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Saturday, January 29, 2005

Artist Charged with Terrorism

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Olga Koumoundouros Monument to a Town Meeting, after Acconci

Does a work of art reinforce the power of the status quo, or does it act as an instrument of social change? That is the question posed by The Interventionists, an exhibit at MASSMoCA that features artists who seek to "place their work into the heart of the political situation itself." Works include mobile homeless shelters that are set outside the gallery for actual use. But artists are paying a price for stepping into the arena of political discourse, especially if they come down on the side of change -- and one of the artists from the Interventionist show is now being charged with terrorism under the Patriot Act.

Alarmingly, just days before their works were scheduled to appear in the MassMoCa show, the FBI seized everything from the Critical Art Ensemble, a group who conducts public performances in which members test common foods for genetically modified organisms. The wife of one of the group's founding members, Steven Kurtz (who is also an Associate Professor of Art at the University of Buffalo) died of natural causes in her sleep one night in May of last year, but police became suspicious of lab equipment and bacteria samples they found in Kurtz's house during the investigation. He is now being charged with bioterrorism under a clause of the USA Patriot Act which makes it unlawful to possess "any biological agent, toxin, or delivery system" except for "prophylactic, protective, bona fide research, or other peaceful purpose."

According to D.A. Henderson, Senior advisor for the Center for Biosecurity of the University of Pittsburgh Medical Center, nothing Kurtz had in his possession was the slightest bit dangerous:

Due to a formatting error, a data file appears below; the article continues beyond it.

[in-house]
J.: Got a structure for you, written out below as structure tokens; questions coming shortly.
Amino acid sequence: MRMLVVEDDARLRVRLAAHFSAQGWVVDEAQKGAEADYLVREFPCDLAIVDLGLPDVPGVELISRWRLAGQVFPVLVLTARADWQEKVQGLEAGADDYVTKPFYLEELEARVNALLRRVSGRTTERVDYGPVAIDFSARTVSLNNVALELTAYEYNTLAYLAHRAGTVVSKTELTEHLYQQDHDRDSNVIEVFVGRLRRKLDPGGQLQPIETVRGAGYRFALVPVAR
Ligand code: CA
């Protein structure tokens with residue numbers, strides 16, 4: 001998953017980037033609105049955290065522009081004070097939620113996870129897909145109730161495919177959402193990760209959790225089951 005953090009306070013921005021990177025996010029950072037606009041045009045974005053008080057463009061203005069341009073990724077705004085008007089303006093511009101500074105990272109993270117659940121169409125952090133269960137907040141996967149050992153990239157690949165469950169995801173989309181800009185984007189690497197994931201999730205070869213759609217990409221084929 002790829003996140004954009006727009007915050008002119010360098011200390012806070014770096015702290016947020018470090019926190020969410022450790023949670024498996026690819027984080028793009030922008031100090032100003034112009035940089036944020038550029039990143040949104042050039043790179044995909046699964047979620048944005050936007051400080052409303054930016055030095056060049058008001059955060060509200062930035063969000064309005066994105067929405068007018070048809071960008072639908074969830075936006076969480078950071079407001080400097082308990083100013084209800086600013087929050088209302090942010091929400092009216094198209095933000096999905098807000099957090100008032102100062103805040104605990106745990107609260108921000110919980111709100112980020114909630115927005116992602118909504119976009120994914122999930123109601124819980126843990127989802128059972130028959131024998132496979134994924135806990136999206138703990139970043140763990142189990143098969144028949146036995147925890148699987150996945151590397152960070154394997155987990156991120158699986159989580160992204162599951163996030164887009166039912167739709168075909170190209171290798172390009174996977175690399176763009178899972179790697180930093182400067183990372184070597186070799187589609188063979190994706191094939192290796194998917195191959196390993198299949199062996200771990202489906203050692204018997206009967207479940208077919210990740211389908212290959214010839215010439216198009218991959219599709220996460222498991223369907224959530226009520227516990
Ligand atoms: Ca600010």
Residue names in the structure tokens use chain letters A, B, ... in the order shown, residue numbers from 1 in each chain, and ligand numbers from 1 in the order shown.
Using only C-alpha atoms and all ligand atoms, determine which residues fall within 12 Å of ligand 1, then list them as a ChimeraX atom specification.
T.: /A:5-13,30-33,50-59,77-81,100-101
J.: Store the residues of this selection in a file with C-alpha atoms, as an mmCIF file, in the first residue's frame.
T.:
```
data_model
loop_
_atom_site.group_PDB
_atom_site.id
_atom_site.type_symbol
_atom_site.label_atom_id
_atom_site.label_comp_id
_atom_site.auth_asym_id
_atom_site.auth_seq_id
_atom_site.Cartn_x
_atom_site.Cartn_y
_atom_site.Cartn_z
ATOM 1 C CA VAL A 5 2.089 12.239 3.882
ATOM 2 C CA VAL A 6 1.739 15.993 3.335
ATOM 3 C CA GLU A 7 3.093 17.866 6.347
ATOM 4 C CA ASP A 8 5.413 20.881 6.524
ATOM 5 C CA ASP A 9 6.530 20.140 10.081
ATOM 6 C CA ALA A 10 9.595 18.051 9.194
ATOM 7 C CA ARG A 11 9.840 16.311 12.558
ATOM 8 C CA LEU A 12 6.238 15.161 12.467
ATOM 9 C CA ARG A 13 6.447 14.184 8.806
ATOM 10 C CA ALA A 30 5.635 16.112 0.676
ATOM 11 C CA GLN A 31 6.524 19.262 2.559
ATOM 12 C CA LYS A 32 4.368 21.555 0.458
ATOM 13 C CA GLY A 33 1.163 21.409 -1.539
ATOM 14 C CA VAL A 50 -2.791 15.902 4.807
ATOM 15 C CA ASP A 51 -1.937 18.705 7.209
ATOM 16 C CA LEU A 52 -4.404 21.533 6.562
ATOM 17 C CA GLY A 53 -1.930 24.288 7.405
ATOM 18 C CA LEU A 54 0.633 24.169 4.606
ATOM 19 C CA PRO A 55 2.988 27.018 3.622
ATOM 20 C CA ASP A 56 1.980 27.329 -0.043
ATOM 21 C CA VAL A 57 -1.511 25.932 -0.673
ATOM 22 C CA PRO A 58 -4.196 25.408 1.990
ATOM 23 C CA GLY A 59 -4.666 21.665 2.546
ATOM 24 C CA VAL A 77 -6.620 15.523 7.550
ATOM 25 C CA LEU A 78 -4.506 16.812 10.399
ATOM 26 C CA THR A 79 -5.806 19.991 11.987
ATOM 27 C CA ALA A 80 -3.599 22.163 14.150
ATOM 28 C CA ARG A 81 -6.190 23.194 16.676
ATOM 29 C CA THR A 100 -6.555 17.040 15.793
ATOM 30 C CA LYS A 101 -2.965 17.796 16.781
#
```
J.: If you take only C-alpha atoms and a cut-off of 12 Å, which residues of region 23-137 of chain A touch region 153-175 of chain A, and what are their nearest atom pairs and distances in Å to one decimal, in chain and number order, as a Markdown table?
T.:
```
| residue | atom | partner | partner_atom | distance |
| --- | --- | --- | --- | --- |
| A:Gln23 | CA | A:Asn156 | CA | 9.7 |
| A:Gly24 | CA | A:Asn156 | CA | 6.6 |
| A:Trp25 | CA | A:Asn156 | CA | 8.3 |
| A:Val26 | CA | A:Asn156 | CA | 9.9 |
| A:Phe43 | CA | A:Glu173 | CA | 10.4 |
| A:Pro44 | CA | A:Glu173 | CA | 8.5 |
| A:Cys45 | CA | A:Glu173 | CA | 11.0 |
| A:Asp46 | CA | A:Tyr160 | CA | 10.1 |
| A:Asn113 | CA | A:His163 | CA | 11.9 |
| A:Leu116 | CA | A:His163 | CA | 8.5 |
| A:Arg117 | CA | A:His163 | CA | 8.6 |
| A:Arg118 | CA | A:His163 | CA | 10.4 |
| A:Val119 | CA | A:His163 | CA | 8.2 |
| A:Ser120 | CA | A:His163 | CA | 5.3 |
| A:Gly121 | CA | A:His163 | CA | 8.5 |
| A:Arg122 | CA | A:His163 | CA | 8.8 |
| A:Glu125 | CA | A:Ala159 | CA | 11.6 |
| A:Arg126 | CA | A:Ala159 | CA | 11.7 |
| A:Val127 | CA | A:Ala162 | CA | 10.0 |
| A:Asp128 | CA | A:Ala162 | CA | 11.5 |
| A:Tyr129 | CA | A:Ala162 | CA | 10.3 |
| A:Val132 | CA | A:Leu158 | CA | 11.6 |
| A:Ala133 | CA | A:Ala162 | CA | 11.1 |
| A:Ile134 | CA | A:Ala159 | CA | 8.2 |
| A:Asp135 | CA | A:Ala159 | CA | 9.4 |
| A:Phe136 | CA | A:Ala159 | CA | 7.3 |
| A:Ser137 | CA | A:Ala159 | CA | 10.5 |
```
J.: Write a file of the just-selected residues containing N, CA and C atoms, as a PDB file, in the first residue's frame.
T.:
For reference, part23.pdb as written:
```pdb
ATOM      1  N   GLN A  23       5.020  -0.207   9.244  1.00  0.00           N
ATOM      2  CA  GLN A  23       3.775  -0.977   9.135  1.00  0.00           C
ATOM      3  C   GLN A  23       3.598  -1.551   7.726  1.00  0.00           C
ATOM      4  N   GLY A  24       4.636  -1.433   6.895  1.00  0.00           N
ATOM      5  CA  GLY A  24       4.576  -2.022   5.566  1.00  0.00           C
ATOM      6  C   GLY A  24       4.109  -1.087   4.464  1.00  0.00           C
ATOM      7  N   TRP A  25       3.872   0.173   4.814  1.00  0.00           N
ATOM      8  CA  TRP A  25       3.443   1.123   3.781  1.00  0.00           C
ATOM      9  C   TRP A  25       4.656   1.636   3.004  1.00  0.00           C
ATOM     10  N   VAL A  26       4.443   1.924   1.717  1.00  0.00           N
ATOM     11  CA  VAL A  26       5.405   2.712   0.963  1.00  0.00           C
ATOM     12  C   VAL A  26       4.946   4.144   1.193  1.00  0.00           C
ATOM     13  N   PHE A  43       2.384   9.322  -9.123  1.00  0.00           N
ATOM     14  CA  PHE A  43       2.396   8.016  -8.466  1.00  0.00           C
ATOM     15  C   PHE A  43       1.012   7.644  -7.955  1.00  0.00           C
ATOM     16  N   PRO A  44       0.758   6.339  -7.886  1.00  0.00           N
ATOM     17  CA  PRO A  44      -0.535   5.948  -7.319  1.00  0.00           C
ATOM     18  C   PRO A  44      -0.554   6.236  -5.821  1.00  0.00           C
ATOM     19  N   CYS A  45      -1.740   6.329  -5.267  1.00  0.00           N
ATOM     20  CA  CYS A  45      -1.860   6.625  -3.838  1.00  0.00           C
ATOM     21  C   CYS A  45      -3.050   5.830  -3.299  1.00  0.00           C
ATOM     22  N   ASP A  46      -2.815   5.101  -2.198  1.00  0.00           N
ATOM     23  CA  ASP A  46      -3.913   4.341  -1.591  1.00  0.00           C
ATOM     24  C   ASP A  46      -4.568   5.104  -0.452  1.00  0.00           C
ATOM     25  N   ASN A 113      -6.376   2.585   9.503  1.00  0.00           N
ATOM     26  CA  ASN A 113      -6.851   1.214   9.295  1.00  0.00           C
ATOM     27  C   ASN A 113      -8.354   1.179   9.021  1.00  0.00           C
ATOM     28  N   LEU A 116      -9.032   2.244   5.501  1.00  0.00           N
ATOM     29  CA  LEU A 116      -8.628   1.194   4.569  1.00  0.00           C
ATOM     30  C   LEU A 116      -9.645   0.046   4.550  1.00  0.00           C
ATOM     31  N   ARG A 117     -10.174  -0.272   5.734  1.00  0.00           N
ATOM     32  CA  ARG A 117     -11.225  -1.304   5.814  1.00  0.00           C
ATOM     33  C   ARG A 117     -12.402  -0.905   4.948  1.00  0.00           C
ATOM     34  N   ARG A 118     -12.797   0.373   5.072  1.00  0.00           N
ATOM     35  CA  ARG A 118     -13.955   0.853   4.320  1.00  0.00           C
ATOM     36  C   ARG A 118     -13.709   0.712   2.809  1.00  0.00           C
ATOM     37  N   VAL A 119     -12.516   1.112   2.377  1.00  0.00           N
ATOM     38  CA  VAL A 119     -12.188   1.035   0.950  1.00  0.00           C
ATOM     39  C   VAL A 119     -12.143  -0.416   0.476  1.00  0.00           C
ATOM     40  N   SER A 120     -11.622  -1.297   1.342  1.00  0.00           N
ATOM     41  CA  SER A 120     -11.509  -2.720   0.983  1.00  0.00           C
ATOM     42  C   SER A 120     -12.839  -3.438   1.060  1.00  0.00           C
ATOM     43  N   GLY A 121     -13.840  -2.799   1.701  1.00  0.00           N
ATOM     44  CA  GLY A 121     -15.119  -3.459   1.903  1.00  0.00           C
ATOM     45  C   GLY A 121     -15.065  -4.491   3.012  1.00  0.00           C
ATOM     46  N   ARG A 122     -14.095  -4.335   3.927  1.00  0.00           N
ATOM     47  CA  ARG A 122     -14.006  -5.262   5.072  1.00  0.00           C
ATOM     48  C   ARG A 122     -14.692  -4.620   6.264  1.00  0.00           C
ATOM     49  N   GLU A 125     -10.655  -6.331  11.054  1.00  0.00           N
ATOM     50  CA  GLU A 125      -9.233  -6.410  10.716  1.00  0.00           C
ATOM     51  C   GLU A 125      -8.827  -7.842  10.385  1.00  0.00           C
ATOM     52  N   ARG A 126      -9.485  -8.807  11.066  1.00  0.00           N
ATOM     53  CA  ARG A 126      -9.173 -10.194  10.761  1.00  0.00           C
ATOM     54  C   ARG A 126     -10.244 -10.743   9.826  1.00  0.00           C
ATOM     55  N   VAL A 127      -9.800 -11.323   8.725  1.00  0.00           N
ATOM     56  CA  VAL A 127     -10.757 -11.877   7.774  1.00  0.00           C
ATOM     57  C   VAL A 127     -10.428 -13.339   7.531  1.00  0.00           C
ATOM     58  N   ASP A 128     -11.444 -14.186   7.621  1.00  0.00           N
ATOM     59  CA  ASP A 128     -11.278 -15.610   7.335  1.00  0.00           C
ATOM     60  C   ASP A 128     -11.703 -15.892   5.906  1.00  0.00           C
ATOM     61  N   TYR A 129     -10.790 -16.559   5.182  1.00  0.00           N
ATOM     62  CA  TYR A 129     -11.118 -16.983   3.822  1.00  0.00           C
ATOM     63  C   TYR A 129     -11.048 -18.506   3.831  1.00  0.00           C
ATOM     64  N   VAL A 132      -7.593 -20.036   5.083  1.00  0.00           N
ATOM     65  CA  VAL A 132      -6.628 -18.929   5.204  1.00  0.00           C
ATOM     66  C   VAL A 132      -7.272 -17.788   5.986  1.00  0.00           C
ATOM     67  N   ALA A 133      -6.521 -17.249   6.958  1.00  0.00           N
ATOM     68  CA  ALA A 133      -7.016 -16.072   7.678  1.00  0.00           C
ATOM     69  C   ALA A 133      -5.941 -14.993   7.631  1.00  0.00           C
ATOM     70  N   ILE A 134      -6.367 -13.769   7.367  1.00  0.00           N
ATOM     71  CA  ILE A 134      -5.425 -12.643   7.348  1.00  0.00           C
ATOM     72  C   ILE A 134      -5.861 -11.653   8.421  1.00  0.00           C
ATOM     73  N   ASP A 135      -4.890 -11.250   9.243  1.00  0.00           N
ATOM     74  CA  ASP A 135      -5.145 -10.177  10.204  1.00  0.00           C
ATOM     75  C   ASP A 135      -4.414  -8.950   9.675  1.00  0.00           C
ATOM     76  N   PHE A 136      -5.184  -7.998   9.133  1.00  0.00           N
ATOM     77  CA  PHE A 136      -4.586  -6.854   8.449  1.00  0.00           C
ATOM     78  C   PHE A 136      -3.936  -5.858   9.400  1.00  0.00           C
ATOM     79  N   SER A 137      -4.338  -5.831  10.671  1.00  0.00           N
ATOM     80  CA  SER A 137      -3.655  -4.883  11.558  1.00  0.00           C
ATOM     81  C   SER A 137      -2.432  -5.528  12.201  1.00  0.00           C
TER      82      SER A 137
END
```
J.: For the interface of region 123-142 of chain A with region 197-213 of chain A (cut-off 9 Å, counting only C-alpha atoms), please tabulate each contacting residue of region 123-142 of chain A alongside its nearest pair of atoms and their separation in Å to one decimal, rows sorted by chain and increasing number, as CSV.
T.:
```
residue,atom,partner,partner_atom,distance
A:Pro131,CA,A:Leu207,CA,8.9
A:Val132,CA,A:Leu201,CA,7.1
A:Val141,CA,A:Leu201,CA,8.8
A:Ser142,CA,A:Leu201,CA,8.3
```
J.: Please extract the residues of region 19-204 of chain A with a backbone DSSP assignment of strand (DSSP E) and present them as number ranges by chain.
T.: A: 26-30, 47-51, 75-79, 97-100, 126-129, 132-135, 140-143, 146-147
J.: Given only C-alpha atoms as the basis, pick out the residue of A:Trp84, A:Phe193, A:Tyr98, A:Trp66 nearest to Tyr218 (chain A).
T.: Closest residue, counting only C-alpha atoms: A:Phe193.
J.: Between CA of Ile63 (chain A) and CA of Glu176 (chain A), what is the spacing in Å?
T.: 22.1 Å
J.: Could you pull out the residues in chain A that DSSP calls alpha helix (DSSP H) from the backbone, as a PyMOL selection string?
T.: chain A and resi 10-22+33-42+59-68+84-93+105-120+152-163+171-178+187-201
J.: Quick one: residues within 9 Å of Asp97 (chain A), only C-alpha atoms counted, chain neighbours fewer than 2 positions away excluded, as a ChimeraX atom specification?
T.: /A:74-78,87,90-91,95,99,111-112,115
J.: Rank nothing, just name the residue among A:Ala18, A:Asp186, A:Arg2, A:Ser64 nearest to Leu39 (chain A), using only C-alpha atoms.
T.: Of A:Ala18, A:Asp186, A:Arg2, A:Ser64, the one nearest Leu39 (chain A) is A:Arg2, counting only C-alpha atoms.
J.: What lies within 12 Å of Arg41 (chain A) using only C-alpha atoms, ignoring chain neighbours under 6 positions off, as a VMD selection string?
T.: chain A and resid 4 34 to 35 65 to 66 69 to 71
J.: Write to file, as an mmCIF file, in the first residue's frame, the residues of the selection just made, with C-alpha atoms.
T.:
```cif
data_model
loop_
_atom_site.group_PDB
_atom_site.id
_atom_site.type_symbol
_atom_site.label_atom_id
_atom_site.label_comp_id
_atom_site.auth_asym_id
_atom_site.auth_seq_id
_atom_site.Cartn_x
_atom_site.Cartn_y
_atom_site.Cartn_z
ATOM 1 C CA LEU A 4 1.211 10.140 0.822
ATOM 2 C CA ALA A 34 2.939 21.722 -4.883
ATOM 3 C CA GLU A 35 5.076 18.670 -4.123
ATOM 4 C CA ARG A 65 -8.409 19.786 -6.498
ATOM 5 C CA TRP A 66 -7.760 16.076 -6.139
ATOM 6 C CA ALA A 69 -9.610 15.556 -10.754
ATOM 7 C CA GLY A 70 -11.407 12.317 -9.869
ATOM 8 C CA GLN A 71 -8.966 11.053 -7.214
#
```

I am absolutely astonished... based on what I have read and understand, Professor Kurtz has been working with totally innocuous organisms....I am dismayed by what appears to me to be yet one more instance in which knowledgeable persons in the field of bioterrorism are not being brought in and consulted to ascertain what might be real problems and what are purely spurious problems.
The deeper meaning of the government's actions is lost on no one. "As with the prosecution of some scientists in recent years, it seems that government lawyers are singling Kurtz out as a warning to the broader artistic community," says Nature magazine. Mary-Claire King, a University of Washington geneticist, further states that "Kurtz's materials are politically, not physically, dangerous."

Kurt's case has been postponed until March 2, at which time his defense team will have the opportunity to respond to the prosecution's case. There is a website set up that offers information on the case, and they are soliciting email letters of support. There is also an online petition you can sign.

Freedom is on the march, all right. And it's dragging its sorry ass outta here just as fast as it can.